Is it ethical to get married?
Is it ethical to get married?
Forcing Africans to ‘adapt’ to poverty
By blaming climate change for Africa's problems, green groups have become apologists for inequality and underdevelopment.
Davos 2007: ‘Waging’ war on China
Behind their feigned concern for falling Western wages, the elites at the World Economic Forum are really worried about the rise of Asian economies.
Freedom should not be for sale
Liberty is far too precious to sacrifice in the name of tackling hoodies, ASBO kids and cranky Islamists.
The truth about lie detectors
Why is the UK government keen to introduce polygraphic tests for sex offenders, when they’re about as reliable as reading tea leaves?
|Friday 2 February 2007|
Beheading plot: the video is mightier than the sword
Read Mick Hume's columns in The Times this week.
Not quite Party Animals
The drama about political twentysomethings isn’t really the This Life replacement the Beeb was hoping for.
Platini for the People?
Claims that Michel Platini, new president of UEFA, is some kind of Robin Hood of footie are greatly exaggerated.
You’re so vain, Nick, you think this war is about you
Nick Cohen’s What’s Left? shows he is the Princess Diana of journalism, always reducing political comment to personal psychodrama.
|Monday 5 February 2007|
‘Your planet needs you!’
Food rationing, Blitz spirit, the Doomsday Clock...everyone from Prince Charles to radical greens is talking about climate change as a warlike emergency.
Corrupting the curriculum
Why is it ‘brainwashing’ when faith schools teach values but ‘raising awareness’ when the state teaches the pieties of environmentalism?
A man-made morality tale
How the IPCC’s fairly sober summary of climate science has been spun to tell a story of Fate, Doom and human folly.
|Tuesday 6 February 2007|
Kosovo gains independence - again?
Under the guise of granting sovereignty, the UN is dumping responsibility for its mess in Kosovo on to the European Union.
Fanning the child abuse controversy
Both the makers and critics of Hounddog, a film that depicts child rape, reveal America's unhealthy obsession with paedophilia.
'Genocide denial laws will shut down debate'
She's one of the best-known warriors against Holocaust denial. Yet Deborah Lipstadt thinks EU plans to ban 'genocide denial' are a disaster.
|Wednesday 7 February 2007|
Notes on an adaptation
Richard Eyre's Notes on a Scandal is a brilliant film based on a middling novel. So why are so many critics still banging on about the book?
Game Over for mankind?
In the BBC computer game Climate Challenge you become the president of a Europe facing disease, death and disaster. So fun all round, then.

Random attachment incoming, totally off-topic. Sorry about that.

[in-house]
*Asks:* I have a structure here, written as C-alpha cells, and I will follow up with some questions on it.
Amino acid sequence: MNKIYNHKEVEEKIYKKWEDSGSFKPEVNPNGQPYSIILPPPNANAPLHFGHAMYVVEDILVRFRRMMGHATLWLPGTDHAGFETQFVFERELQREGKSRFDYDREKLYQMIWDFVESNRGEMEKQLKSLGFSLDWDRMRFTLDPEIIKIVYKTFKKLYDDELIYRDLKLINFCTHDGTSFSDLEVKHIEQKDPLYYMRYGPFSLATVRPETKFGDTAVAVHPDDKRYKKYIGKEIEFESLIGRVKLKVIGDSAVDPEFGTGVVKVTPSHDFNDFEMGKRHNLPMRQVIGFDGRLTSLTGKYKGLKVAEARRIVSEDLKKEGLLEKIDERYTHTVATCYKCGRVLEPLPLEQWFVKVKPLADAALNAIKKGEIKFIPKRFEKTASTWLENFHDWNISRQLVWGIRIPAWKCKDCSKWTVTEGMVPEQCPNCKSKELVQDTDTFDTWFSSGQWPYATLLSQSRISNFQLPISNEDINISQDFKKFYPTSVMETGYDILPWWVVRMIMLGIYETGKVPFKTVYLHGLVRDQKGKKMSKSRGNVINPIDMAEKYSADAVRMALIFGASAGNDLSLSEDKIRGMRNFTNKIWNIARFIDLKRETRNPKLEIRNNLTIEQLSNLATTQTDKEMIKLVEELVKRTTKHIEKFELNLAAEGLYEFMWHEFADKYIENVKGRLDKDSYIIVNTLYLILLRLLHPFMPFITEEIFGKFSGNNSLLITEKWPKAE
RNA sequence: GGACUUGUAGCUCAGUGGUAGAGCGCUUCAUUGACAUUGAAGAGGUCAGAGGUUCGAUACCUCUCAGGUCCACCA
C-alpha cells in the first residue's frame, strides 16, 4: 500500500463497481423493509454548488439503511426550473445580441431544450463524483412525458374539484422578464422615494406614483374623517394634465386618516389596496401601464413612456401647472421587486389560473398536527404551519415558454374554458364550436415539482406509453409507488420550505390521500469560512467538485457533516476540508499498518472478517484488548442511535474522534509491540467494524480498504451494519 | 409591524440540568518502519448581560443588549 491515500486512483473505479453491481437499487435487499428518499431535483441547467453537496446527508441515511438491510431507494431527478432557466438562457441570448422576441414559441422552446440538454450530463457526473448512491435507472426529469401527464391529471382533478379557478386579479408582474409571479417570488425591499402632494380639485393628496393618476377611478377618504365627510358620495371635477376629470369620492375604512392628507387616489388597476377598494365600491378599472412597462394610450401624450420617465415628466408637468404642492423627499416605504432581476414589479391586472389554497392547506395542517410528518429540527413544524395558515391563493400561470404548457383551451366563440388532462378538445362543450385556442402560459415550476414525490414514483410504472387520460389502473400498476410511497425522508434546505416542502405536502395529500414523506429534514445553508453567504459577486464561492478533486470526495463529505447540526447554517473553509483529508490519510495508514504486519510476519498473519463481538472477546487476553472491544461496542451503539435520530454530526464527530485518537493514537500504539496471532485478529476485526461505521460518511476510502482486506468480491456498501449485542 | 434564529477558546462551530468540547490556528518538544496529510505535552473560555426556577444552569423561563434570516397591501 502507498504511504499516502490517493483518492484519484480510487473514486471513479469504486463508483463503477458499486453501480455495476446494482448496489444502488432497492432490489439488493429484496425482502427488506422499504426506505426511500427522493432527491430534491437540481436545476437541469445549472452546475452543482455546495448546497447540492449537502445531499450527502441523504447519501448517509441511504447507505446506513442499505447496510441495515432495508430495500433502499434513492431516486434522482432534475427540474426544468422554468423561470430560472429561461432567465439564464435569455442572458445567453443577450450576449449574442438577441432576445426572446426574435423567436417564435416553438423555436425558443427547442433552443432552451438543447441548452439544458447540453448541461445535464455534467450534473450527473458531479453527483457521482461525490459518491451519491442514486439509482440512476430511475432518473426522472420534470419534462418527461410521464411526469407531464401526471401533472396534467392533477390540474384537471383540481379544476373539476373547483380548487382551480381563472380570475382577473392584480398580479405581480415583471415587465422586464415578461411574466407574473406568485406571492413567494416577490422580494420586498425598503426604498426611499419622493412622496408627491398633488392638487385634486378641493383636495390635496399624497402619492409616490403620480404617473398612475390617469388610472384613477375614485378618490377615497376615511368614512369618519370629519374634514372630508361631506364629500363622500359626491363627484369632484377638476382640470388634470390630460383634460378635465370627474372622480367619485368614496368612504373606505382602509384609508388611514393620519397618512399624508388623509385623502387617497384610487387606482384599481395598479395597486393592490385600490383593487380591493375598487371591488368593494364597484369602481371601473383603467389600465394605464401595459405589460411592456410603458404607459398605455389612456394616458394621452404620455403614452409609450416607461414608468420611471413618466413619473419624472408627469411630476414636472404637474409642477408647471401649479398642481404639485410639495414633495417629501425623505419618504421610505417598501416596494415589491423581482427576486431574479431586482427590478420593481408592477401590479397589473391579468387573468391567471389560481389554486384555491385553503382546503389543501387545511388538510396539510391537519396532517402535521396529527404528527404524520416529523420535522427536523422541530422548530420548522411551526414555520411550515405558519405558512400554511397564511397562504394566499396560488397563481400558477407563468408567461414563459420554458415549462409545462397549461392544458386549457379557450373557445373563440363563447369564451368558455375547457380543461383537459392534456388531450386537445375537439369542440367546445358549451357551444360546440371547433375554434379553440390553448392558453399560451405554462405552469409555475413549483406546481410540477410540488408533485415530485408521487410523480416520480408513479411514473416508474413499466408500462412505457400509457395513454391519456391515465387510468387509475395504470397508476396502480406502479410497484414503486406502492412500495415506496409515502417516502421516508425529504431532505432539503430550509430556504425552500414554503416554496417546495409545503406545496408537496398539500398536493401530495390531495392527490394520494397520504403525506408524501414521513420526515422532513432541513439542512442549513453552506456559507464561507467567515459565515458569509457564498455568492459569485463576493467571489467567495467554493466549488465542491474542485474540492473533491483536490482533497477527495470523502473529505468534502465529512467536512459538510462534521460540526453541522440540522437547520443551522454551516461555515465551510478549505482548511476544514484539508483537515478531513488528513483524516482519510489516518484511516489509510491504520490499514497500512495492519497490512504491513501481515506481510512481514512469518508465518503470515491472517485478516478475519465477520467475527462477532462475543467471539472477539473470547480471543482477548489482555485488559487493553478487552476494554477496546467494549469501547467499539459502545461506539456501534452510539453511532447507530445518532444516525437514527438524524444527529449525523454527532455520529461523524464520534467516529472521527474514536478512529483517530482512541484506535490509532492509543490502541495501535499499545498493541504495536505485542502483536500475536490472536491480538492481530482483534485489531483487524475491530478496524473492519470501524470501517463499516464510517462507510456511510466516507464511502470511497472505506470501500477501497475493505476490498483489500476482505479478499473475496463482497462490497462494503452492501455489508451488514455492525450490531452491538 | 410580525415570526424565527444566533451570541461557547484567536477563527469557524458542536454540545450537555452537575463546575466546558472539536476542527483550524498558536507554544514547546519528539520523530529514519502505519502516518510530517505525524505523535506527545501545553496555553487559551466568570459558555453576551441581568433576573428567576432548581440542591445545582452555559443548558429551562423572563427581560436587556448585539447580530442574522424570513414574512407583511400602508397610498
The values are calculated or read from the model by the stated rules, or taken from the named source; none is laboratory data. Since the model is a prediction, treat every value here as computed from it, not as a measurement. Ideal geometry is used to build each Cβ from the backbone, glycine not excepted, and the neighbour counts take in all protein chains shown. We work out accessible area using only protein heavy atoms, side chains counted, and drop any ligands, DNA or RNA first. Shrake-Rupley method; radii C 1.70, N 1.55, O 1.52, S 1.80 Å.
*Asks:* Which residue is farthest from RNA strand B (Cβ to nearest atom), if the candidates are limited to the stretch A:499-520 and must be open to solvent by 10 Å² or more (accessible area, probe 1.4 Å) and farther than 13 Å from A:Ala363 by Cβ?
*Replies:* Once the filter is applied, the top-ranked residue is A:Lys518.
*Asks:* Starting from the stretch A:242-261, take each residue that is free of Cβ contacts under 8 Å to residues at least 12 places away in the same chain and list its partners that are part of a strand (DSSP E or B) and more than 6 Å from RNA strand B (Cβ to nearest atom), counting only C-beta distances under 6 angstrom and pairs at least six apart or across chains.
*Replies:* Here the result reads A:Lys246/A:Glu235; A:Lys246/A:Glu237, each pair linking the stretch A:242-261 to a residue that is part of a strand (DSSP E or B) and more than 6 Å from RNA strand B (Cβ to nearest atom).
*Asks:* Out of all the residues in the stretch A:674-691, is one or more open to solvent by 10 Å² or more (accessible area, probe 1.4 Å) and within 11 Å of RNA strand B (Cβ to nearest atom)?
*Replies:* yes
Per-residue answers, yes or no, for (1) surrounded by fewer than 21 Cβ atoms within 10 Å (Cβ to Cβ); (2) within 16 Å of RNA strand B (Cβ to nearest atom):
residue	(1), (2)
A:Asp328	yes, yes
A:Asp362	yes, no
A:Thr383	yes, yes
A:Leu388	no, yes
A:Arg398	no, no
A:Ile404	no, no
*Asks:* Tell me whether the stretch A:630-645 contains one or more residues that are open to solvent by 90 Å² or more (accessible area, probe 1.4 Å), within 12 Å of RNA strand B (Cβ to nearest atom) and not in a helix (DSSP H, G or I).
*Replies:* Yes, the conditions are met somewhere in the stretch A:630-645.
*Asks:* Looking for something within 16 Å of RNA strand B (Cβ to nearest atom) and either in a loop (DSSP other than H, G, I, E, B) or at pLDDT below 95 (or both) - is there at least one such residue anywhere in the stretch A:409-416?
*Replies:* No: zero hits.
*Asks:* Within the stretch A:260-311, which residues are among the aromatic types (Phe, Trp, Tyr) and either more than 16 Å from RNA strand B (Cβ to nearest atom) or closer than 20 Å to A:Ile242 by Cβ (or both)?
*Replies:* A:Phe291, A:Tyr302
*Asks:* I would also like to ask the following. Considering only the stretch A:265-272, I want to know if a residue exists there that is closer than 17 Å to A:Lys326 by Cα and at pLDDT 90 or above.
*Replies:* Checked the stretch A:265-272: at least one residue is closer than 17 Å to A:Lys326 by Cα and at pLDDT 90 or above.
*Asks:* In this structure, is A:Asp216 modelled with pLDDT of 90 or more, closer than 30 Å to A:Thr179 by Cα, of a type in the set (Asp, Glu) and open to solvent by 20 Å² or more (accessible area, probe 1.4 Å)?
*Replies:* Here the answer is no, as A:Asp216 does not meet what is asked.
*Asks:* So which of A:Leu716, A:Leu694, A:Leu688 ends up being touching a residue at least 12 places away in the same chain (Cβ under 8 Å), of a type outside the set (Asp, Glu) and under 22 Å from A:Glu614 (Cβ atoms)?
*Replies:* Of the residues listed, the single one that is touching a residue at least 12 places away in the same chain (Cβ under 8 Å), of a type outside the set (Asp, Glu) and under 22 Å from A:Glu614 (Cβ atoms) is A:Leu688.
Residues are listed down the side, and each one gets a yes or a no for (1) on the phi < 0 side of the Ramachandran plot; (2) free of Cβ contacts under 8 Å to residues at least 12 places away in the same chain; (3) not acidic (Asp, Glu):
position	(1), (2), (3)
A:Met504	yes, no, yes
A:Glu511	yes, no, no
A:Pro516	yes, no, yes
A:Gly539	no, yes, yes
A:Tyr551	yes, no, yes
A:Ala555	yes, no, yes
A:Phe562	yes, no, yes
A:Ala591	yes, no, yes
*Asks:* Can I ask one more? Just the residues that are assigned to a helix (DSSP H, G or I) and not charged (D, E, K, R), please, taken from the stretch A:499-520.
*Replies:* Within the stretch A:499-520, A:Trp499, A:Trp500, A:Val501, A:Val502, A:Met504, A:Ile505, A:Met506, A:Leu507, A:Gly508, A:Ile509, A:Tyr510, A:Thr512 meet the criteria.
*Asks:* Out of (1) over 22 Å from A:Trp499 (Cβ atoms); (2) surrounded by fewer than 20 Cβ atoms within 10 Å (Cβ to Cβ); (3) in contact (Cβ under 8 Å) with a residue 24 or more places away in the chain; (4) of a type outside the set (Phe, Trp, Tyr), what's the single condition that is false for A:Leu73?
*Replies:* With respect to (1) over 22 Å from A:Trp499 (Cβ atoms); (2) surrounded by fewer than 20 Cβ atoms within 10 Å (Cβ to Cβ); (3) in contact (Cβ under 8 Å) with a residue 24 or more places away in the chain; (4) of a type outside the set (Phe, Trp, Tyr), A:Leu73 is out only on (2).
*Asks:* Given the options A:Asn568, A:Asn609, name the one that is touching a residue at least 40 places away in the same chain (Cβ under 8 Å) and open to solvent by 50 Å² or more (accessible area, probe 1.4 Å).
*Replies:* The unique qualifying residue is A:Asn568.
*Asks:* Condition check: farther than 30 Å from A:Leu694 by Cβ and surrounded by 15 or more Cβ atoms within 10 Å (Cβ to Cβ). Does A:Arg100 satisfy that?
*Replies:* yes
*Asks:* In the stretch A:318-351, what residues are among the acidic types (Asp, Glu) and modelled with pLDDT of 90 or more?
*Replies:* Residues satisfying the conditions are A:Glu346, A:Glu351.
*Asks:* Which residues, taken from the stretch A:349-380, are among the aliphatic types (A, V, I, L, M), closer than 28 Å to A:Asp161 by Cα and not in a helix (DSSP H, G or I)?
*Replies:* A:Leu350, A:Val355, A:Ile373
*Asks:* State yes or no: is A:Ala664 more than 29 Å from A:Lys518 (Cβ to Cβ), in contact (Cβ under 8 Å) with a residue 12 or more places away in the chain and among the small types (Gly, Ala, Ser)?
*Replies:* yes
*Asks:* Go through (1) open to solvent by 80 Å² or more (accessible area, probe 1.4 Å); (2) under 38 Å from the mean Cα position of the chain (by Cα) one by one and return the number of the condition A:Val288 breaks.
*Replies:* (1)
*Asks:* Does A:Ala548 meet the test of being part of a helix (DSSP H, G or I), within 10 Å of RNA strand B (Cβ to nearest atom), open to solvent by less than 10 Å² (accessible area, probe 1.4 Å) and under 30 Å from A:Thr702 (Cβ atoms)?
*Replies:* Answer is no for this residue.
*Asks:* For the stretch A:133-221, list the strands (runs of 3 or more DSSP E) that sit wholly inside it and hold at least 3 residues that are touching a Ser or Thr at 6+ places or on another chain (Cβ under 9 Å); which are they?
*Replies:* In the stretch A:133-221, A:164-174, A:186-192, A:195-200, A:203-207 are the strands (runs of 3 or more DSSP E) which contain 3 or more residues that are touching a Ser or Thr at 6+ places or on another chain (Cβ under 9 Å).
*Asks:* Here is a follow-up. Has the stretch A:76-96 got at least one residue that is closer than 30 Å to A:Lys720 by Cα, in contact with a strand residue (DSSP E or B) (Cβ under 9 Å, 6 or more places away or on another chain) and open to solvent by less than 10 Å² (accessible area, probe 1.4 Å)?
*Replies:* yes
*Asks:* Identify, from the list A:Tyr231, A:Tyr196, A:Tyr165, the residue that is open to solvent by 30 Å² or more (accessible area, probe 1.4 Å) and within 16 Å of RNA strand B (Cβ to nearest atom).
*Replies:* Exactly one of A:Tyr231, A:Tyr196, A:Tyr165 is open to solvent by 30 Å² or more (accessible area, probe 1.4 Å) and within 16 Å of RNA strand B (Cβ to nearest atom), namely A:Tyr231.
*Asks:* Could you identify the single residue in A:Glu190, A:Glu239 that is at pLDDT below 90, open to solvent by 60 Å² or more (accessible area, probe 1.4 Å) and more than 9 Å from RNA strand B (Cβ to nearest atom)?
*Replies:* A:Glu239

Are we all racists and victims now?
Those who want to turn everything into a race issue today are desperate to impose a phoney new national morality.
|Thursday 8 February 2007|
With deadpan Midlands delivery, and a hilarious line in 'anti-jokes', Ted Chippington was the Eighties comedian that got away. Now he's back.
Bring down the House
The half-hearted proposed reform of the House of Lords shows that our governing class has precious little instinct for democracy.
A tale of two panics
Why are we in less of a flap about bird flu now that it has arrived in Britain than we were 18 months ago when it was a ‘spectre’ in Asia?
|Friday 9 February 2007|
A soul musical, without the soul
Girl-group biopic Dreamgirls is a decent movie, but it fails to capture the drama and energy of Sixties Detroit.
While Italy's authorities want to copy England's hooligan crackdown, our fans are trying to get beyond the power of police and stewards.
Is it ever ethical to use packaging?
Stop agonising over the pyrotechnic prig
On the mysterious letter-bomber and the bird flu outbreak: read Mick Hume's columns in The Times (London) this week.
Why we’re standing by our un-PC pie
A Tipton pub serving something called ‘The Michael Barrymore Pie – Faggots Swimming in Gravy’ explains itself to spiked.
Is breast milk a ‘junk food’?
Food representatives tell spiked that the Food Standards Agency's clumsy new 'scientific model' is demonising perfectly healthy grub.
|Monday 12 February 2007|
Let the death camps die
Guy Rundle reports from former Nazi camps, where ever-more morbid attempts are being made to preserve buildings, ash pits, even human hair.
Through a lens cynically
New coffee-table books offer stunning snapshots of our planet from space. Just ignore all the guff about humanity's impact being a ‘scar’.
Just how ‘charitable’ is Greenpeace?
Thomas Deichmann reports from Germany, where Greenpeace looks set to lose its charity status over its explicitly political campaigning.
|Tuesday 13 February 2007|
Massacring Valentine's Day
Now environmentalists are campaigning against 'flower miles', showing that even gifts between loved ones have been added to their killjoy hitlist.
War and deception in the Netherlands
Black Book, Paul Verhoeven’s thriller about the Dutch Resistance to Nazi rule, is a cracking movie – and it raises important questions, too.
Peckham: a suburb apart?
Claims that the South London district is a ‘war zone’ are wide of the mark, though residents recognise their lives could be far better.
|Wednesday 14 February 2007|
… ‘Dr’ Gillian McKeith?
Is Wikipedia part of a new ‘global brain’?
Everyone from Time to TV networks is singing the praises of user-generated ‘people’s content’ on the worldwide web. But is it reliable?
Mother Teresa and the ‘me, me, me’ culture
The new book Mother Teresa: Saint or Celebrity? shows that the nun was as ruthless as any other celeb in protecting her public image.
Exposed: the myth of the World Cup ‘sex slaves’
It was widely claimed that 40,000 women would be trafficked into Germany as prostitutes during the 2006 World Cup. New EU reports seen by spiked suggest that nothing of the sort happened.